33. Net-Tree Spanner Addcross edge between i-level nodes x,yif δ(x,y) ≤ γ·2i γ = O(1/ε) dist between tree nodes = dist between repr’s

  34. Net-Tree Spanner • Addcross edge between i-level nodes x,yif δ(x,y) ≤ γ·2i • γ = O(1/ε) dist between tree nodes = dist between repr’s Net-tree spanner = tree edges & cross edges

  35. Net-Tree Spanner Addcross edge between i-level nodes x,yif δ(x,y) ≤ γ·2i γ = O(1/ε); edge between nodes  edge between repr’s Net-tree spanner = tree edges & cross edges

  36. Net-Tree Spanner Addcross edge between i-level nodes x,yif δ(x,y) ≤ γ·2i γ = O(1/ε); edge between nodes  edge between repr’s degree of nodes - ε-O(d) degree of points - ε-O(d) #edges - ε-O(d)· n stretch ?? Net-tree spanner = tree edges & cross edges

  37. Net-Tree Spanner spanner path up, cross, down q' p' level j q p Net-tree spanner = tree edges & cross edges

  38. Net-Tree Spanner spanner path up, cross, down q' p' level j q p Net-tree spanner = tree edges & cross edges

  39. Net-Tree Spanner spanner path up, cross, down q' p' level j q p Net-tree spanner = tree edges & cross edges

  40. Net-Tree Spanner spanner path up, cross, down q' p' level j q p Net-tree spanner = tree edges & cross edges

  41. Net-Tree Spanner spanner path up, cross, down q' p' level j q p Net-tree spanner = tree edges & cross edges

  42. Net-Tree Spanner spanner path up, cross, down q' p' level j q p Net-tree spanner = tree edges & cross edges

  43. Net-Tree Spanner wt(up-path) ≤ 2j+1 wt(down-path) ≤ 2j+1 spanner path up, cross, down q' p' level j q p Net-tree spanner = tree edges & cross edges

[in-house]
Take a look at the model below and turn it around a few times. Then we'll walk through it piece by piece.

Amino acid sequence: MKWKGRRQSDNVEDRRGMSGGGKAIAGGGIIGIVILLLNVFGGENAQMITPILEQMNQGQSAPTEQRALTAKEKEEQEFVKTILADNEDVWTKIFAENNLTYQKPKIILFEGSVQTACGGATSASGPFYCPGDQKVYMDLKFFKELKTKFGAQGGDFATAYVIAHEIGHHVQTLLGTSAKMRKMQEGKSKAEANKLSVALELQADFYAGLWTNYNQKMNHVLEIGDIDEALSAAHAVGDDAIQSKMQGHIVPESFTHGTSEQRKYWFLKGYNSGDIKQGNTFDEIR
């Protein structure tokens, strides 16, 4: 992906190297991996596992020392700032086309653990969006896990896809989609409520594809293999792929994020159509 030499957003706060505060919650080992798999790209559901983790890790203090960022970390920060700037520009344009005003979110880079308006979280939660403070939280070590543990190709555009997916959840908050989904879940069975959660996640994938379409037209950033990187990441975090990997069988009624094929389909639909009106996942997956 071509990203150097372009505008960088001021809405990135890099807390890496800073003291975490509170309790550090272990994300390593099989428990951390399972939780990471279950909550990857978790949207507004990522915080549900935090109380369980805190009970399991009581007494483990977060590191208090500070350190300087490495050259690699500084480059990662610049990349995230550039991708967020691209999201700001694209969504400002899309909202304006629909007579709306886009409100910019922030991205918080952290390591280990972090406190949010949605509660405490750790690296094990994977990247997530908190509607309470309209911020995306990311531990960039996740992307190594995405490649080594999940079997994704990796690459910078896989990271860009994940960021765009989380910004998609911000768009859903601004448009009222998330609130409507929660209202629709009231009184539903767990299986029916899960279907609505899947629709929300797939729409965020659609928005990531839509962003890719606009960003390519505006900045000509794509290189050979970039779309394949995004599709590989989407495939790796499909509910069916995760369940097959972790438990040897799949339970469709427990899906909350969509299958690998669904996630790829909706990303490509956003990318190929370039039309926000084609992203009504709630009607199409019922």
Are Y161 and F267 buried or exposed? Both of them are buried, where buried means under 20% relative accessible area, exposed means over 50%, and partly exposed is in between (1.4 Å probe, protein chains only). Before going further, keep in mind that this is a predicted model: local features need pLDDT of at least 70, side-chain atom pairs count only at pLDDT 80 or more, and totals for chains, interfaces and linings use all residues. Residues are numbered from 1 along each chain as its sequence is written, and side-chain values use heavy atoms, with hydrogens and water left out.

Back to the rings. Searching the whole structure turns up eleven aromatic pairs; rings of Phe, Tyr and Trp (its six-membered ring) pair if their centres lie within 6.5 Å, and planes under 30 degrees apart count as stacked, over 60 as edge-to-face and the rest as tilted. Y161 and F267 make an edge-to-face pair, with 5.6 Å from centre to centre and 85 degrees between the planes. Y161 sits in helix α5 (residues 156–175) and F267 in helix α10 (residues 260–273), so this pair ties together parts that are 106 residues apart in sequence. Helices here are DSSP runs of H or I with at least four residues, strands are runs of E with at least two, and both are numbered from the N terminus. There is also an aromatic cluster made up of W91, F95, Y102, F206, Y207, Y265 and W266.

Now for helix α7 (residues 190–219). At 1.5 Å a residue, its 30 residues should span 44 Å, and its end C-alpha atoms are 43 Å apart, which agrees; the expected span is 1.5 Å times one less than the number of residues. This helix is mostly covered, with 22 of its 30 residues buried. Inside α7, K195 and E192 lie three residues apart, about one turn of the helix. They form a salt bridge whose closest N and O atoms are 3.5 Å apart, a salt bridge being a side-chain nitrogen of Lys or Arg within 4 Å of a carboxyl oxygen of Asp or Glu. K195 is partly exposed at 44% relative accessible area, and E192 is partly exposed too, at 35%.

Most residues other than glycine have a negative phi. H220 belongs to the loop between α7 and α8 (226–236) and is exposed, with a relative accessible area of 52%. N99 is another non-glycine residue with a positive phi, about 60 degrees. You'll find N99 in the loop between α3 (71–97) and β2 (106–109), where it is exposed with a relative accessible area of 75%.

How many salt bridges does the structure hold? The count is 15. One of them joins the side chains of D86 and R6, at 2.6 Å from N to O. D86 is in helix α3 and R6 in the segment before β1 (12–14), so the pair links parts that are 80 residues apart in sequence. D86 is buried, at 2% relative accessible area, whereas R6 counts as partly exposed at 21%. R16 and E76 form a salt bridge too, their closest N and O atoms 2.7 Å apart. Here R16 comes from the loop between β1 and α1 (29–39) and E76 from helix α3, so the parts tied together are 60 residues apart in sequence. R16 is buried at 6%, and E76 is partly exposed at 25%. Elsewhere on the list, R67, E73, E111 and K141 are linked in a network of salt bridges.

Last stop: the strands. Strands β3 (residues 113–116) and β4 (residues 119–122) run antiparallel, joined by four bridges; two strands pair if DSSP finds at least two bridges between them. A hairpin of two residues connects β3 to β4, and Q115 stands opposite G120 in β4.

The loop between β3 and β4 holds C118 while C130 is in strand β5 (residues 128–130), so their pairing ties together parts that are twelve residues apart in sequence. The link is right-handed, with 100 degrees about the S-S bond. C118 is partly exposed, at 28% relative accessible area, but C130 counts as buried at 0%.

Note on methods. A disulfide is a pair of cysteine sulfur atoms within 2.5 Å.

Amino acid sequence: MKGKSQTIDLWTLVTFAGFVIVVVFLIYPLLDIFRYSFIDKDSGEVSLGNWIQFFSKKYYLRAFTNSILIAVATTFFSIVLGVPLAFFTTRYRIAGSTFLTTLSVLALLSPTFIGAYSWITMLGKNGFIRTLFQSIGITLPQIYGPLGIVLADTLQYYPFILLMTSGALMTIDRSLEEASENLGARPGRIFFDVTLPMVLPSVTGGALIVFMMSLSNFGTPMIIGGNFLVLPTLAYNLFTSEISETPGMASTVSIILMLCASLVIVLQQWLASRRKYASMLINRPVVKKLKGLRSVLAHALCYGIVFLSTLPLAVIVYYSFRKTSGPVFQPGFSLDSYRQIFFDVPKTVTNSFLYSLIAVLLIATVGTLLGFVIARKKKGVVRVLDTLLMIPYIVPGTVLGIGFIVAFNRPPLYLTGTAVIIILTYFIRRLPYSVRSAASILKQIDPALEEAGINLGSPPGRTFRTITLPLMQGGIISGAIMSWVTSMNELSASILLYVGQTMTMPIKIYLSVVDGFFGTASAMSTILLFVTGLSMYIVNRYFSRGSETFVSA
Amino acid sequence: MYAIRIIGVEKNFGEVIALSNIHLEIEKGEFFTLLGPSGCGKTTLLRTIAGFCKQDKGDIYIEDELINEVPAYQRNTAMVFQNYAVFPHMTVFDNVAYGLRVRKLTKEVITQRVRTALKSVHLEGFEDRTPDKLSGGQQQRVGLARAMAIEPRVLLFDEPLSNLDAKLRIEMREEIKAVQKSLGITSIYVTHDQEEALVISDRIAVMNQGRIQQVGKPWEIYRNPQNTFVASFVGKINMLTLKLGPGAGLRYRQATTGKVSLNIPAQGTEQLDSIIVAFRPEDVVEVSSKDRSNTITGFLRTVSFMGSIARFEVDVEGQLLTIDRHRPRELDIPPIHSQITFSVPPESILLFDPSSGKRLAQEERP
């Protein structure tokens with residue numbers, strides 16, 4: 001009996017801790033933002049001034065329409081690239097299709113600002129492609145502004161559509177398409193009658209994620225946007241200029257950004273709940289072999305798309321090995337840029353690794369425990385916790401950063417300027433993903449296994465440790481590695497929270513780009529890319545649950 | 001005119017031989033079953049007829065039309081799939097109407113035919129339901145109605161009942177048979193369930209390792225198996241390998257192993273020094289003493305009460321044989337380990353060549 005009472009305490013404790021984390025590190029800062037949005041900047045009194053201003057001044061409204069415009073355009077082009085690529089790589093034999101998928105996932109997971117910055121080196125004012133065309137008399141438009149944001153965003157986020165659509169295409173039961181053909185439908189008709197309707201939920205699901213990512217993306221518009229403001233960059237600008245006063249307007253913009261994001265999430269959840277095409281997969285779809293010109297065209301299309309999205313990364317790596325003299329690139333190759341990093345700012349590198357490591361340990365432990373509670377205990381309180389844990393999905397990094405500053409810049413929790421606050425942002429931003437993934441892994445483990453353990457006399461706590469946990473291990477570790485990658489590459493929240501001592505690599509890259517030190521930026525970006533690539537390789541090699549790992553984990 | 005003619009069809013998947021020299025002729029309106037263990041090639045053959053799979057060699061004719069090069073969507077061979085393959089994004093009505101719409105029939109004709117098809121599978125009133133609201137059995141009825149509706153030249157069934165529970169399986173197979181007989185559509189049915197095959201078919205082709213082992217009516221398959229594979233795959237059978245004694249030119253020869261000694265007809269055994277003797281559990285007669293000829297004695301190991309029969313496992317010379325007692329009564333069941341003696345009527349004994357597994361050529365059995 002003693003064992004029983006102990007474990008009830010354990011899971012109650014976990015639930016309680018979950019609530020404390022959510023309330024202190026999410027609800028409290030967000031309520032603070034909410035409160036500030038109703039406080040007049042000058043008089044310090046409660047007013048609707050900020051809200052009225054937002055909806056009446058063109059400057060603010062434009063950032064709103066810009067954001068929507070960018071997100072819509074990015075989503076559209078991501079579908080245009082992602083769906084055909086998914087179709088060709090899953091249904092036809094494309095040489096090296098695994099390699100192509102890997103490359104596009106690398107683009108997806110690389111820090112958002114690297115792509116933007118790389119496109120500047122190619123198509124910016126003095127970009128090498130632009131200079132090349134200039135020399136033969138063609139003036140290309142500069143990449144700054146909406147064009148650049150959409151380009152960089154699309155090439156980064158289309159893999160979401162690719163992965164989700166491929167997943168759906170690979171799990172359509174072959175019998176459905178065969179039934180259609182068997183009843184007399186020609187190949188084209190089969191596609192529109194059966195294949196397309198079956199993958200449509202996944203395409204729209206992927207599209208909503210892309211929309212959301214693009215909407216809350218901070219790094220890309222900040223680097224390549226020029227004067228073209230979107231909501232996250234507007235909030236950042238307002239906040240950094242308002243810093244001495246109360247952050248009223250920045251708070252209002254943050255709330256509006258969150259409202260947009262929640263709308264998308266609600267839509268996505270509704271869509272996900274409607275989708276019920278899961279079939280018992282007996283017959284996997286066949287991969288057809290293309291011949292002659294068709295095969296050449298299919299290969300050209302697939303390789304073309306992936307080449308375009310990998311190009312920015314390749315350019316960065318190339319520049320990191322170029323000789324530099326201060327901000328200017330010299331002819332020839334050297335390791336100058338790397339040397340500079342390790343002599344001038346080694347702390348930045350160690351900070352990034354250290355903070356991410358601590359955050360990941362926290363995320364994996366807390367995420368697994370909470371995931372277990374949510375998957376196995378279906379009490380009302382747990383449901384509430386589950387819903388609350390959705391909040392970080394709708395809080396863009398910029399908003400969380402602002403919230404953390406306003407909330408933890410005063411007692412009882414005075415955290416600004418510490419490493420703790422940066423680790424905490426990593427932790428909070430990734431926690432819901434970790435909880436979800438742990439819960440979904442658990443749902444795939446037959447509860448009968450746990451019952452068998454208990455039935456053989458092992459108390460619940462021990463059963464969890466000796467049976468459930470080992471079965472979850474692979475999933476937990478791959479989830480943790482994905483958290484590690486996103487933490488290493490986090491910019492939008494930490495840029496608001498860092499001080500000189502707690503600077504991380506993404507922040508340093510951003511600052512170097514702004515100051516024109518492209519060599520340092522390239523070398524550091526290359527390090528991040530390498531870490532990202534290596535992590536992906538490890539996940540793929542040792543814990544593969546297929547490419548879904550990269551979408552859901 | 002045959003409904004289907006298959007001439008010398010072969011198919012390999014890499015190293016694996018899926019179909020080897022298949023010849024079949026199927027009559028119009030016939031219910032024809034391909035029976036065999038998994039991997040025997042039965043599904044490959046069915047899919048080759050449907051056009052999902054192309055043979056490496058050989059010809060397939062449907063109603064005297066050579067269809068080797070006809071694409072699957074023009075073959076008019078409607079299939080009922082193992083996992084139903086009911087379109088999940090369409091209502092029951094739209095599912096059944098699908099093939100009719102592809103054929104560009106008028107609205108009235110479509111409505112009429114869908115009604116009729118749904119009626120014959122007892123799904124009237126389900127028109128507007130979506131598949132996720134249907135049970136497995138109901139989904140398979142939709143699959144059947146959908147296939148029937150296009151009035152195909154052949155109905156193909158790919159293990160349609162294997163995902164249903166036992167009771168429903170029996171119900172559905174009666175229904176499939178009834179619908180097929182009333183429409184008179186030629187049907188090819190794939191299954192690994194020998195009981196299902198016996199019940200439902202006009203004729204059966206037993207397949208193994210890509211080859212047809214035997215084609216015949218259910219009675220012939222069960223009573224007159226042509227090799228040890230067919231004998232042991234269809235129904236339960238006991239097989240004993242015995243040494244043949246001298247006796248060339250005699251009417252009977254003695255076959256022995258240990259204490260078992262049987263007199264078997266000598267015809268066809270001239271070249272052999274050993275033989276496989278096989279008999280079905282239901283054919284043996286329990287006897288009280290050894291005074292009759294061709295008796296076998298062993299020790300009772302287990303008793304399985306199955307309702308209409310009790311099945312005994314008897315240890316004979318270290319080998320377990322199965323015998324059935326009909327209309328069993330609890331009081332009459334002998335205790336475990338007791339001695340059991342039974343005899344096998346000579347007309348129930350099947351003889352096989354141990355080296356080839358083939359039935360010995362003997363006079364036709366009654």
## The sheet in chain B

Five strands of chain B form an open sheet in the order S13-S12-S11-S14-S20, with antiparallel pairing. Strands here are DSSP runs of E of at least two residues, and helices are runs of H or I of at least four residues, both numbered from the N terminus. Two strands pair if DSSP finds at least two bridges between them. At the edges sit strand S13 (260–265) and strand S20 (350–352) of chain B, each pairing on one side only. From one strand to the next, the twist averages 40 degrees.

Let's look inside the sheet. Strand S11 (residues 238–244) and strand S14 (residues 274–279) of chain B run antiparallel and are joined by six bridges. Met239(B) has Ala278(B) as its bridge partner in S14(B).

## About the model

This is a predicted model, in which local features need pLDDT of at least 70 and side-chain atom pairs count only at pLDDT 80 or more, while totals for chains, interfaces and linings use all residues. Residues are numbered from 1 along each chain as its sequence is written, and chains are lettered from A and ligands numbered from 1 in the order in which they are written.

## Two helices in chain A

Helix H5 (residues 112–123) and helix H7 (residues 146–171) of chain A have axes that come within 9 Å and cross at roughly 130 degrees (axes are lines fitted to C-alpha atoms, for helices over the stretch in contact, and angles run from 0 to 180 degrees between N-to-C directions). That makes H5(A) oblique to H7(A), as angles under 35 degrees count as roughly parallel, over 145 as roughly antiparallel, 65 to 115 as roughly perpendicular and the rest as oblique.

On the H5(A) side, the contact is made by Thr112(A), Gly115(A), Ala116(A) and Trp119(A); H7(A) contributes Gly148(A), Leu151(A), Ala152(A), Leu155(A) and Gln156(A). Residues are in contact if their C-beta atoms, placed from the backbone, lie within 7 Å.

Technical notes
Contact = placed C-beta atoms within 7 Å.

44. Net-Tree Spanner wt(up-path) ≤ 2j+1 wt(down-path) ≤ 2j+1 spanner path up, cross, down wt(cross-edge)> γ·2j-1 - 2·2j q' p' level j 2j 2j q N0 p Net-tree spanner = tree edges & cross edges

  45. Net-Tree Spanner wt(up-path) ≤ 2j+1 wt(down-path) ≤ 2j+1 spanner path up, cross, down wt(cross-edge)> γ·2j-1 - 2·2j q' p' q p Net-tree spanner = tree edges & cross edges

  46. Net-Tree Spanner wt(up-path) ≤ 2j+1 wt(down-path) ≤ 2j+1 spanner path up, cross, down wt(cross-edge)> γ·2j-1 - 2·2j q' p' wt(up-path), wt(down-path) = O(ε)-slack q p Net-tree spanner = tree edges & cross edges

  47. Net-Tree Spanner wt(up-path) ≤ 2j+1 wt(down-path) ≤ 2j+1 spanner path up, cross, down wt(cross-edge)> γ·2j-1 - 2·2j q' p' wt(up-path), wt(down-path) = O(ε)-slack δ(p,q) = wt(cross-edge) + ε-slack q p Net-tree spanner = tree edges & cross edges

  48. Net-Tree Spanner • Constant degree net-tree spanner: • Use net-tree • Choose unique representatives for internal nodes • Add cross edges to get constant degree net-tree spanner • This approach was used in [CGMZ05,GR08] • Similar approach was used in [ADMSS95]

  49. FT spanners